I couldn’t resist this phrase from West Side Story, performed this week by our Senior School students at the McPherson Theatre. On Wednesday night I and my wife, Joan, had about seventy Annual Fund “Headmaster’s Circle” donors for a short dinner, then we all went down to the show. Most of our guests were from Victoria, but a couple came from Vancouver and Kelowna. One flew in from Calgary. Afterward he left a phone message repeating his thanks, and how it was definitely worth it. I don’t remember a high school production where the depth and breadth of voices both male and female have been better, or where the entire sum of contributions both on stage and backstage was so much greater than the individual parts. The orchestra played the challenging music, and the choruses sang it, with polish. Although many of our guests conveyed their effusive praise and wonder at the performance, it would be truer to say words escaped us, humbled in the presence of so much talent. So much promise fulfilled, or exceeded.
It would be lovely to imagine that one could transpose those lines, “there’s a place for us,” from the song to our school. But the song, where it occurs in the show, is overflowing with irony. The lovers, Tony and Maria, are aglow in a fantasy whose tragic seeds have already sprouted: they are immersed in a web of hate, murder, petty ambition, feuds and bigotry; they believe they can find an untainted place, and lead an untainted life, away from the west side of Manhattan. Not so.
Hopefully I, a teacher, can be excused for drawing a lesson from these observations. A place for us – for the “us” that is SMUS, that is – should be aglow, for sure, but one hopes that this glow will be more secure than Tony and Maria’s. Next Monday we are having a visitor from Warchild Canada to speak to the students – in an earlier blog entry I wrote about our participation in WarChild, and organization that supports children who are the victims of war. Over the March break we have students going to Kenya to help with construction of a school. At the end of March, the entire staff is having a workshop on Global Responsibility, which is one of the five streams of our Leadership Programme. A central theme of this exploration is that global responsibility is more than admirable good works at home and abroad; it has to be accompanied by an understanding that, in trying to make the world a better place, one is entering an arena fraught with suspicion over one’s motives, with corruption in the allocation (or stealing) of resources, and even with resistance from less privileged people who simply would rather look after their own problems, thank you very much. These sentences are not supposed to be non-sequiturs: they are just a few examples of ways in which we deliberately weave into the somewhat charmed fabric of SMUS the thread of many worldly imperfections. A year and a half ago we held a think tank with about forty parents on the evolution of leadership at the school, and one parent made a very apposite comment: “So what the school has to try to do is to expose our kids to all the things we are trying to protect them from.” Exactly.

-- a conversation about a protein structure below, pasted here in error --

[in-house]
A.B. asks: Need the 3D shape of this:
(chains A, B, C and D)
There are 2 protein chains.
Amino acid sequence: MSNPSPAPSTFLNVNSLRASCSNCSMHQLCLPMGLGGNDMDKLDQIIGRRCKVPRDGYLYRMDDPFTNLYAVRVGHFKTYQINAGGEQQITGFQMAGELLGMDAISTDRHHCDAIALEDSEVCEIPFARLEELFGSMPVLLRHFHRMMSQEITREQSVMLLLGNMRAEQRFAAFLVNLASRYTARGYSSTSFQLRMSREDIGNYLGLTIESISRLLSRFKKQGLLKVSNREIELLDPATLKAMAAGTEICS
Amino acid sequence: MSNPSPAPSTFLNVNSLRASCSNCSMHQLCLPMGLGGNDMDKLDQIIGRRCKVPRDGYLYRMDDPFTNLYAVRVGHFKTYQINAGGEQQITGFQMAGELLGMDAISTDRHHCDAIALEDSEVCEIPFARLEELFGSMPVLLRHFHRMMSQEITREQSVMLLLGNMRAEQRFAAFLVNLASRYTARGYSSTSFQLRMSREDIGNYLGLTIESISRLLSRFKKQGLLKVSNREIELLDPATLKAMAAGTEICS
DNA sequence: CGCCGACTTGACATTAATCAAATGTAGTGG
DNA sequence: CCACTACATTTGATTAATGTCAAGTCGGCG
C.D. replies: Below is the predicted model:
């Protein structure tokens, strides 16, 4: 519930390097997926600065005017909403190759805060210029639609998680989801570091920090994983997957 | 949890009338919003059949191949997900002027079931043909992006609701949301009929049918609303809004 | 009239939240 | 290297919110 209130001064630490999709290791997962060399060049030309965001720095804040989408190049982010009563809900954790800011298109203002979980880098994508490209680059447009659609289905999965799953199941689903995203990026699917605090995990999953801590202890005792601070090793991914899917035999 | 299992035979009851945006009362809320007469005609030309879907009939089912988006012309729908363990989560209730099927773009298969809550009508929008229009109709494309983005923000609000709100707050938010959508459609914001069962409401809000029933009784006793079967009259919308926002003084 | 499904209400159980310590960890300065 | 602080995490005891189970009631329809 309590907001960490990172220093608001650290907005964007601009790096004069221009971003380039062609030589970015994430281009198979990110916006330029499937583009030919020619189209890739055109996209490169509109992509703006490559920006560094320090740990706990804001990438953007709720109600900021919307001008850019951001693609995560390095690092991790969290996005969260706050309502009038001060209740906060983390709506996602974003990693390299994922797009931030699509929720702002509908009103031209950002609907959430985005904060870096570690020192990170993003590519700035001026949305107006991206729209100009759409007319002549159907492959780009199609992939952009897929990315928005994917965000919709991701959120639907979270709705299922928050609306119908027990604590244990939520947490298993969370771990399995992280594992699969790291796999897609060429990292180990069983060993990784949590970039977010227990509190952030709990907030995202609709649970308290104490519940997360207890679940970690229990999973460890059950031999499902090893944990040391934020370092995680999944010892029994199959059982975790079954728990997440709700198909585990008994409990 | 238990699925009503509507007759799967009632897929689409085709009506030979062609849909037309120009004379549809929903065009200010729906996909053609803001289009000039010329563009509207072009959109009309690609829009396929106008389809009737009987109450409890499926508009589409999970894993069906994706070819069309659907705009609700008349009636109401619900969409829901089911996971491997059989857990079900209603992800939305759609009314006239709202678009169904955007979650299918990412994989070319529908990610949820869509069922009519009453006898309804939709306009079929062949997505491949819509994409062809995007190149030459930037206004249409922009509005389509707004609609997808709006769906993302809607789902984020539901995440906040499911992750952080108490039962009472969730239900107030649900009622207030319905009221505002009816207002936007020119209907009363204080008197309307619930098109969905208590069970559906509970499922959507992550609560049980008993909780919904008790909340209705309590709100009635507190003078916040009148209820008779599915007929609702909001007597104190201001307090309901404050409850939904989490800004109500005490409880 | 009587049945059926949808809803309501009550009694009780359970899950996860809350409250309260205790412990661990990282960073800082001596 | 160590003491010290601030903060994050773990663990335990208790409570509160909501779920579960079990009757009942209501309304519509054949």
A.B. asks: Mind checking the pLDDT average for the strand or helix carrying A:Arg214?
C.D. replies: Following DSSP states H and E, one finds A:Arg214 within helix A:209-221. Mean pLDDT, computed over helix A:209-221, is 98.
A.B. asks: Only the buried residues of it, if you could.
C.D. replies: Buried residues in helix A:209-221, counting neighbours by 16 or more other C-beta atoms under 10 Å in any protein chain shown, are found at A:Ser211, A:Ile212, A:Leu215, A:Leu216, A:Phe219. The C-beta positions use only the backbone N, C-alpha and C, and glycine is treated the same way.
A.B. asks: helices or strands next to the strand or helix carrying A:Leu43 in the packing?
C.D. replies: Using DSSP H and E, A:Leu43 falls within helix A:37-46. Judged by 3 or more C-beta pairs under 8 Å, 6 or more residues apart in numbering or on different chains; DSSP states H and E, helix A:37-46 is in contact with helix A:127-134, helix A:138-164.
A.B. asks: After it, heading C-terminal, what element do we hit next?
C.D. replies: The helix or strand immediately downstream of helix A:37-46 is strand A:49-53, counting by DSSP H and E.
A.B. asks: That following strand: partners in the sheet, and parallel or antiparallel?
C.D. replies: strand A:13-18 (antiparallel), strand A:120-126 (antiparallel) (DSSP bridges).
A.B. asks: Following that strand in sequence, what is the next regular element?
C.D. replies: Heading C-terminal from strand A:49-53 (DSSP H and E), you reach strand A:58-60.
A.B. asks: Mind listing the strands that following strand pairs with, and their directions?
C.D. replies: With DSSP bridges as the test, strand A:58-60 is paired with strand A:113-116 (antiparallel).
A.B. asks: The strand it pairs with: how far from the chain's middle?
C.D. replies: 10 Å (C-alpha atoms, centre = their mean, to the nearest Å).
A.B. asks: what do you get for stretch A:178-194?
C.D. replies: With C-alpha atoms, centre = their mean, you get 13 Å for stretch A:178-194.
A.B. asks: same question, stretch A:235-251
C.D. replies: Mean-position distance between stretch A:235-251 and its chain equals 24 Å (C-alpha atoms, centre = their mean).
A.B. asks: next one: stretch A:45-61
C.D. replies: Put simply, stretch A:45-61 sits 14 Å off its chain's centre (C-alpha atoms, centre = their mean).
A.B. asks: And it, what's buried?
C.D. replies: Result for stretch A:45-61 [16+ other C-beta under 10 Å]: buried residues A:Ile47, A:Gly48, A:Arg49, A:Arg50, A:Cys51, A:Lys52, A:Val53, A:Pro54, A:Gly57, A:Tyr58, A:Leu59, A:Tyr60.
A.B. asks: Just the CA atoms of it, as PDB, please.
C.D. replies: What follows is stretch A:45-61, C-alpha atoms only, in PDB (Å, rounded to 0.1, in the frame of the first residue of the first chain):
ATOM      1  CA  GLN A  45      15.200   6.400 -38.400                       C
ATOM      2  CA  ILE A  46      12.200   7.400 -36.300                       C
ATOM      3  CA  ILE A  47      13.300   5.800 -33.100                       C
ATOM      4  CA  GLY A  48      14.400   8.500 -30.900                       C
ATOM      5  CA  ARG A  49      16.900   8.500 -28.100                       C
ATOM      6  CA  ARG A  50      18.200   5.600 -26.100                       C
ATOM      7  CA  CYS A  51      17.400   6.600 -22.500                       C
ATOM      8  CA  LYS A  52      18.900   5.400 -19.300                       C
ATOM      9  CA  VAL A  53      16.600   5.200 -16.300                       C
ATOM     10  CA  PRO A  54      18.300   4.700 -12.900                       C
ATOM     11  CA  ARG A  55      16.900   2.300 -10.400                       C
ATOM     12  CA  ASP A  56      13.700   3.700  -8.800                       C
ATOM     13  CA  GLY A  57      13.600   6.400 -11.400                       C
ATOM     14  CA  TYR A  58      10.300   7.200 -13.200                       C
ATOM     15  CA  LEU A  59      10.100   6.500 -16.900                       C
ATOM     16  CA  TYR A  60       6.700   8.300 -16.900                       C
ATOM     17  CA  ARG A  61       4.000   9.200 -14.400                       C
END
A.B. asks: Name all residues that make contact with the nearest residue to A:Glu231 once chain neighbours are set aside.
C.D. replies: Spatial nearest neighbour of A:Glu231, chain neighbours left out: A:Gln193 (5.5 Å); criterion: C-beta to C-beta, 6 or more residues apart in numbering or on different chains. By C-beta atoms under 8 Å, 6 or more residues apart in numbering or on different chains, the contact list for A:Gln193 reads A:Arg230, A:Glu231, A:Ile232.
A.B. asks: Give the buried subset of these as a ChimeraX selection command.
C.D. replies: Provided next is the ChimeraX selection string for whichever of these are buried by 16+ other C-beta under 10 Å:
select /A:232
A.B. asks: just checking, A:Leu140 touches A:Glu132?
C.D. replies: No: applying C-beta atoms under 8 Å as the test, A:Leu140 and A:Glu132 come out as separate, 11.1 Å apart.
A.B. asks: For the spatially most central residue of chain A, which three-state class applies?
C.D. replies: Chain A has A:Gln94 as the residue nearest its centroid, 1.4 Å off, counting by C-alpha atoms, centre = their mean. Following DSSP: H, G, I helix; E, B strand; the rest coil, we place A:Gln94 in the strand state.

Human nature, of course, is inescapable. Many metaphors have been erected around education and schools. One of my favourites doesn’t unfold very elegantly, but I find it works: students come into schools like plants in a nursery ; before going out into the world they have to be set out in the weather a bit, hardened for the elements. Otherwise the elements will be too much. The place for us is the one we make, as much as the one we find.